Maybe you saw the New York Times article “In Housing, Big is Back (Not Cou
Book Offers the Spirit, Diginity of Home-Building Work
Getting in touch with your inner home builder can be difficult these days.
Getting in touch with your inner home builder can be difficult these days. Things are generally moving much too fast to appreciate the benefits of all the work that is being done. Or maybe it has been a while since you spent a full week or even a full day on the job site.
But for most home-building professionals, the basic dignity of transforming raw land with hammers, nails and wood into a home is part of their DNA and is an enormous source of pride. Thankfully, a home builder with a gift for writing has come along to capture the essential nature of the profession. The lure of working outside and ultimately providing a quality home are brought to the fore in Toil, a book forthcoming from Chelsea Green Publishing Co. this June.
Author Jody Procter, a framer with a degree from Harvard, takes the reader through the nine-month process of building a 3000 square foot home in Oregon in the mid 1990s. And though the basics remain the same, some things - - like paying $10 an hour for an experienced framer - - recall pre-boom days. Importantly, the focus is on the people and the work they do - - from the 19-year-old rookie framer who is a former high school football star to the 67-year old bulldozer operator with a suspect prostate.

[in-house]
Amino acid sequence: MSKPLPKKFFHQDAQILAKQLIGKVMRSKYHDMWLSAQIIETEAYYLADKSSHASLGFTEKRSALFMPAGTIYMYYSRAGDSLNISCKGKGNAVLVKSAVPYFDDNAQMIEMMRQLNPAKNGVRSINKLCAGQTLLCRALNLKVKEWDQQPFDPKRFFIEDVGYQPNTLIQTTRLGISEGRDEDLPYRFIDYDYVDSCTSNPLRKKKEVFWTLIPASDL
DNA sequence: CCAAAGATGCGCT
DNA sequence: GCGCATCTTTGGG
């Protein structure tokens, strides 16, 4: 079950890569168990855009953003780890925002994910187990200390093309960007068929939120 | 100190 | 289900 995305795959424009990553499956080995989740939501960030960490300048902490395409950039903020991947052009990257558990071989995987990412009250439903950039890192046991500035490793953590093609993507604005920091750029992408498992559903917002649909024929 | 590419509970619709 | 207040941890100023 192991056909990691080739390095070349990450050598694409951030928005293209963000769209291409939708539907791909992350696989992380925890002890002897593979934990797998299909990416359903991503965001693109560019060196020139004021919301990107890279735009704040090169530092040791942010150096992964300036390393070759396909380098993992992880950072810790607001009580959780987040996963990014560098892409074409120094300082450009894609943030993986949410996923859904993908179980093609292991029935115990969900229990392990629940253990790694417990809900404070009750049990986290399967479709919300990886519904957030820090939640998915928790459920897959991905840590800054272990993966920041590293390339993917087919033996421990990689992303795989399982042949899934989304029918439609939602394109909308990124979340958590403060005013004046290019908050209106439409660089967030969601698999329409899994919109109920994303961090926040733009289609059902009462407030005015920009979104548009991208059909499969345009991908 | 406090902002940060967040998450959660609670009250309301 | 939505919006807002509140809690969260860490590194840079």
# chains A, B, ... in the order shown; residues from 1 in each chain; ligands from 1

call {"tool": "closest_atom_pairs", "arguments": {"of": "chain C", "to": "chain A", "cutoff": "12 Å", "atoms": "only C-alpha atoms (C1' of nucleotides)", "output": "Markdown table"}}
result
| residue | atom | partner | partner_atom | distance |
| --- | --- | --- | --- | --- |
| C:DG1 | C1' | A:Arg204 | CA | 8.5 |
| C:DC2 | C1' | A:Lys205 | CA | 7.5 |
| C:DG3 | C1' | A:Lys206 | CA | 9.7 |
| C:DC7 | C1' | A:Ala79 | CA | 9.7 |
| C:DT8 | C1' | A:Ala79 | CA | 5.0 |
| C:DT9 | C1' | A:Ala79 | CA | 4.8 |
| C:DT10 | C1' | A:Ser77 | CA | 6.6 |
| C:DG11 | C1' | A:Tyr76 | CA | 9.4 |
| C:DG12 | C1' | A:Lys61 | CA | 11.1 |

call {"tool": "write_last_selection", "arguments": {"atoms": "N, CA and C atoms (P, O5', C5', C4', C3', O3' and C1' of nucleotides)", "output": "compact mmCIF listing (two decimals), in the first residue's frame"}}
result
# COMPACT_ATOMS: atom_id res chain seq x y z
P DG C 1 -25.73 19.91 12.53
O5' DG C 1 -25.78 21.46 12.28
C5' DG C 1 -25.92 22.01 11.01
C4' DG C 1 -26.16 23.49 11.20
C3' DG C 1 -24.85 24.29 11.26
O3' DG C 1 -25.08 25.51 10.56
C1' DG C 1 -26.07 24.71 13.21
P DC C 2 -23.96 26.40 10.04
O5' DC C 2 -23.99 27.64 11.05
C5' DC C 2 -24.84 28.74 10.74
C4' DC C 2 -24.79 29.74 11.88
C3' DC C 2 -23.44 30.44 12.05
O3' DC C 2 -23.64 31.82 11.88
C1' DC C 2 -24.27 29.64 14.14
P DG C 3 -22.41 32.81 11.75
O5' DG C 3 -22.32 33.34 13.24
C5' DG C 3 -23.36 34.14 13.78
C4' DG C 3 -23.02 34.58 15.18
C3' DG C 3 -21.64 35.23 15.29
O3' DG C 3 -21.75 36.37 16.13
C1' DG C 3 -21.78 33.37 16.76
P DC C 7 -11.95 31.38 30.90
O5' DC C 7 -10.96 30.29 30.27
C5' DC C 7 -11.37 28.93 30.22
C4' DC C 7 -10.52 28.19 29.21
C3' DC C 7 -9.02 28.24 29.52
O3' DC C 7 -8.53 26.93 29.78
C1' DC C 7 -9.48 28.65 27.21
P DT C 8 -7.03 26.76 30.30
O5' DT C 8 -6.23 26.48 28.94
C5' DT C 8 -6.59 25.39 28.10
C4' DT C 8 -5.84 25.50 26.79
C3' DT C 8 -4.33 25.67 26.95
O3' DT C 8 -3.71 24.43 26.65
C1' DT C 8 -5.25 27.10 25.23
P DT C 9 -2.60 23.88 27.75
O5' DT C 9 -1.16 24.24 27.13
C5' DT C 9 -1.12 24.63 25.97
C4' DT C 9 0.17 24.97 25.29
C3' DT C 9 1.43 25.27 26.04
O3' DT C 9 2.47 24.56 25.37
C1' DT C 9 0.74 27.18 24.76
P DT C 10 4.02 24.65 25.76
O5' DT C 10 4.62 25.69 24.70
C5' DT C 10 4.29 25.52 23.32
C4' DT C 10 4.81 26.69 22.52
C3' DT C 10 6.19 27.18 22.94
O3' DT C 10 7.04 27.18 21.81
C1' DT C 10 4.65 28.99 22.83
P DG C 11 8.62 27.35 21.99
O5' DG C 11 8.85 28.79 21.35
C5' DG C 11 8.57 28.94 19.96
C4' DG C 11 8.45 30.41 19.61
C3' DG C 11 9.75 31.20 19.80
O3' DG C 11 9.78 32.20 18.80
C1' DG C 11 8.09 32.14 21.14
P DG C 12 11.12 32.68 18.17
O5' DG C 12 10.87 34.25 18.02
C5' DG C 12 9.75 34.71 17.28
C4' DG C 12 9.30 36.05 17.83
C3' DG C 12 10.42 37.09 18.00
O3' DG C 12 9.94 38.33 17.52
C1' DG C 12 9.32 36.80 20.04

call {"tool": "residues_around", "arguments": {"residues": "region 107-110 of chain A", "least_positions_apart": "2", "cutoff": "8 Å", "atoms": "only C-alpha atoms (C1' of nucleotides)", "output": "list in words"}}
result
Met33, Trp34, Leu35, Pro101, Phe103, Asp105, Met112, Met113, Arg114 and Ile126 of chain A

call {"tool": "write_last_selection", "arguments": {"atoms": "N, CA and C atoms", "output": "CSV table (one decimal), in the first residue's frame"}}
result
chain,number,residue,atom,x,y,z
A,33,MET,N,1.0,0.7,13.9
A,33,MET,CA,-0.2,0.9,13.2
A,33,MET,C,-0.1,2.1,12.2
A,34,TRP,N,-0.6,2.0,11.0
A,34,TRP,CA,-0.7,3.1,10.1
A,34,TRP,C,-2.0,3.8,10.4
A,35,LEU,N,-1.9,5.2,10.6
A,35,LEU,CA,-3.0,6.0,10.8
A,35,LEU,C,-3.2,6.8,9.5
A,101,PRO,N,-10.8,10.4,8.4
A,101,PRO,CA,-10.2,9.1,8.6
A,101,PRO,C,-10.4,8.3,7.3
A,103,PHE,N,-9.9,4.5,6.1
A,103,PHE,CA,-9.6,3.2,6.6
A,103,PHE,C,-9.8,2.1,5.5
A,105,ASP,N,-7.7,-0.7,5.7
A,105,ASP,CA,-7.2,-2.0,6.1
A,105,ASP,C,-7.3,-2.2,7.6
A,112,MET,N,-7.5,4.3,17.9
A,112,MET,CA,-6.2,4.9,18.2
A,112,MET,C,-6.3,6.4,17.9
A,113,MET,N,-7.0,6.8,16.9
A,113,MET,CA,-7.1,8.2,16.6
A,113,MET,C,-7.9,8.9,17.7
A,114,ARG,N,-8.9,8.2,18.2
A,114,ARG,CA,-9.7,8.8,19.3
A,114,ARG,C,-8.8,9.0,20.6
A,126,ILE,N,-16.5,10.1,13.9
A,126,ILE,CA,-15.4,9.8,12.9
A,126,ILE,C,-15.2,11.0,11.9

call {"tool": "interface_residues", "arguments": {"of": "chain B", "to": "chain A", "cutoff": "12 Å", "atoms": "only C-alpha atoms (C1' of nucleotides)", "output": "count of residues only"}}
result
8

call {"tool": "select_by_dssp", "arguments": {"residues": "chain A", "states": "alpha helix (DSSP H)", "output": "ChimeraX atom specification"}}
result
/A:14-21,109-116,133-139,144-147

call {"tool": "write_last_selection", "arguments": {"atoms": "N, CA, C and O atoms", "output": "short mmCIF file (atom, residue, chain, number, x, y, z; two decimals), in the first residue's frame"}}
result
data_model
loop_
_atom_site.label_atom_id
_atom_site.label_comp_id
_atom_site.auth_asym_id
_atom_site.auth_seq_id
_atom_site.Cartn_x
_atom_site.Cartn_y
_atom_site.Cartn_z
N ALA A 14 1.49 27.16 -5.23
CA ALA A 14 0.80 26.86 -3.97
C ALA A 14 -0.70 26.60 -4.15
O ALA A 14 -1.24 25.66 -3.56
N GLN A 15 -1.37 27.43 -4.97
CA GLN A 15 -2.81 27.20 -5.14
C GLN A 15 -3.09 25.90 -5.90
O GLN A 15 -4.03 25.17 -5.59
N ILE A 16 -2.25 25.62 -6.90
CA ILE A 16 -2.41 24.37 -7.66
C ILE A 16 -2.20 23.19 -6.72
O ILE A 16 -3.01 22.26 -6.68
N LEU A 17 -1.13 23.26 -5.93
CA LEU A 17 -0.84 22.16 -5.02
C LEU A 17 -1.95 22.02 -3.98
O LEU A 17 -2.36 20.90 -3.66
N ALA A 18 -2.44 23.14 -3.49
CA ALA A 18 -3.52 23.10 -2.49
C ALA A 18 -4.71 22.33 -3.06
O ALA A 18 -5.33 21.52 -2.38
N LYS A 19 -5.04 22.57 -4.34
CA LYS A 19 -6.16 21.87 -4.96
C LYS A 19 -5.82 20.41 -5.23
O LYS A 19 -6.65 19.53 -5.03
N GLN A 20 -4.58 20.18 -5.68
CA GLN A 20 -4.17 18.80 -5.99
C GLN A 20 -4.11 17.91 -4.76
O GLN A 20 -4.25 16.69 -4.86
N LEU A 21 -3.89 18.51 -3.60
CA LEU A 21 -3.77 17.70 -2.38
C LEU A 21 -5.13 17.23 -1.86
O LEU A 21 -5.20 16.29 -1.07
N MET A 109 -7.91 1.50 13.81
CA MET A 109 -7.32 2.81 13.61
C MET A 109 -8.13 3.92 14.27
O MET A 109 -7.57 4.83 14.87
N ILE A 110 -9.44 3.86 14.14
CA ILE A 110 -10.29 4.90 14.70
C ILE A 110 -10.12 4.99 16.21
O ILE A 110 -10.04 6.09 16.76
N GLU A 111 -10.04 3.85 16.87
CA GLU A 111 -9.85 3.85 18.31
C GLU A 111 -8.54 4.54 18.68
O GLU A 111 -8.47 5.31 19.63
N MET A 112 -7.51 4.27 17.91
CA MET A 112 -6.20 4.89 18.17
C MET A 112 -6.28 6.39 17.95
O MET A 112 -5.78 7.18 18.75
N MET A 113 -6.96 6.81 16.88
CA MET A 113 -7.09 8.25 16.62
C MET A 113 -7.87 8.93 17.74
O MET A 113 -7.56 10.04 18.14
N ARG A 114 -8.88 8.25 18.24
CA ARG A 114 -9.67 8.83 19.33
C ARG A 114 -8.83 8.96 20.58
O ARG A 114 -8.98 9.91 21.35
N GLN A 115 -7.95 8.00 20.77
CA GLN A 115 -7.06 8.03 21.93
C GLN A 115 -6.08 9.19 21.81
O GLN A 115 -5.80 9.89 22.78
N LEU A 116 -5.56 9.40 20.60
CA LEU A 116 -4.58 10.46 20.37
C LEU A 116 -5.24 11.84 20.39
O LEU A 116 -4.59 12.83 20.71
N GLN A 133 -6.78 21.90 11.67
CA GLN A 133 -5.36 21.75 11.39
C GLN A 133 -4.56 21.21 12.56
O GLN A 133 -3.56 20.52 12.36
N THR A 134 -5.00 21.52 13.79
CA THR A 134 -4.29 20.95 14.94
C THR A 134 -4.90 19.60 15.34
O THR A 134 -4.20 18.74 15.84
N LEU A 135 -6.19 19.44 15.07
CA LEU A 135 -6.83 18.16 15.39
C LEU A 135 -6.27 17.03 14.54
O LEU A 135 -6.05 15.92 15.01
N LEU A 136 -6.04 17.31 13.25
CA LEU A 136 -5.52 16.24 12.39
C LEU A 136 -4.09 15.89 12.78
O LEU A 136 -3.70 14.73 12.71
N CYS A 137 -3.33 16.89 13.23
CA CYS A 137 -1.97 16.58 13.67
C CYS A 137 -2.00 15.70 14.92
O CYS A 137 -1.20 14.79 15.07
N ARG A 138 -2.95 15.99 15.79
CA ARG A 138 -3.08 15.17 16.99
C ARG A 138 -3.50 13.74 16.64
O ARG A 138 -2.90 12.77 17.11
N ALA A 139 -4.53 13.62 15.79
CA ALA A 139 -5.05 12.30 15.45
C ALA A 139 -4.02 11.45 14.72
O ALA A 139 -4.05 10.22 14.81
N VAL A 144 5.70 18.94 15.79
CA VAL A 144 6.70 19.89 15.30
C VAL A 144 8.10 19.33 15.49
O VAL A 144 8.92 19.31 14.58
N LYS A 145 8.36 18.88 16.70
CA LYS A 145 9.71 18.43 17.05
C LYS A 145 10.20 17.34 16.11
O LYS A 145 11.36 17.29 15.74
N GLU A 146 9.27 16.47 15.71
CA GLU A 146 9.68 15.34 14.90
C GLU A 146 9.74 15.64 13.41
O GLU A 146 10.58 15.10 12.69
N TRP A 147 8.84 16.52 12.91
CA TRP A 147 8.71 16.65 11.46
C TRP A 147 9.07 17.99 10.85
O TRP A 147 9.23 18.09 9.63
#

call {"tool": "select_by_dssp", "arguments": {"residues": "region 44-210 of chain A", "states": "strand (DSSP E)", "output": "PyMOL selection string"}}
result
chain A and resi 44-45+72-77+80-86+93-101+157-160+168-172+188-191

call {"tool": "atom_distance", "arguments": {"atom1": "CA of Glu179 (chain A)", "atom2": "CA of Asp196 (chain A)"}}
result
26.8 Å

Procter is not unlike many eventual builders of the baby-boom generation who moved West dur-ing the 60s and stayed there. After working as an artist and stage producer in the 70s, he began as a home builder in Los Angeles in 1980, and spent most of the following decade working in the field. Later he received a master’s degree in creative writing and went back to work as a framer for $10 an hour in 1994 at the age of 51. That is where the story of Toil begins in its daily journal format.
Sadly, Procter will not see his work published. He died in 1998, but with Toil he has left a legacy that paints a compelling picture of the people who build homes each day despite cold winter rain, summer heat, and the human bodies that harden and sometimes break down in the process. In the book, Procter also sheds light on relationships between the owner, a general contractor and subs.
While helping to build the new home of a personal friend who had an unintentional irritating effect on many workers at the job site, Procter recalls the time he was leveling a window and the friend reminded him that it needed a shim. Restraining his irritation, Procter climbs down his ladder. Hugs the friend, and says: "Ray, I just don’t see how we would have ever built this house without your help."
Very few books have ever put the activity and the people behind home building in quite the same realistic and positive light that Toil does. And at roughly 200 pages it is a quick and worthwhile read for anyone who has ever felt the natural pull of building homes.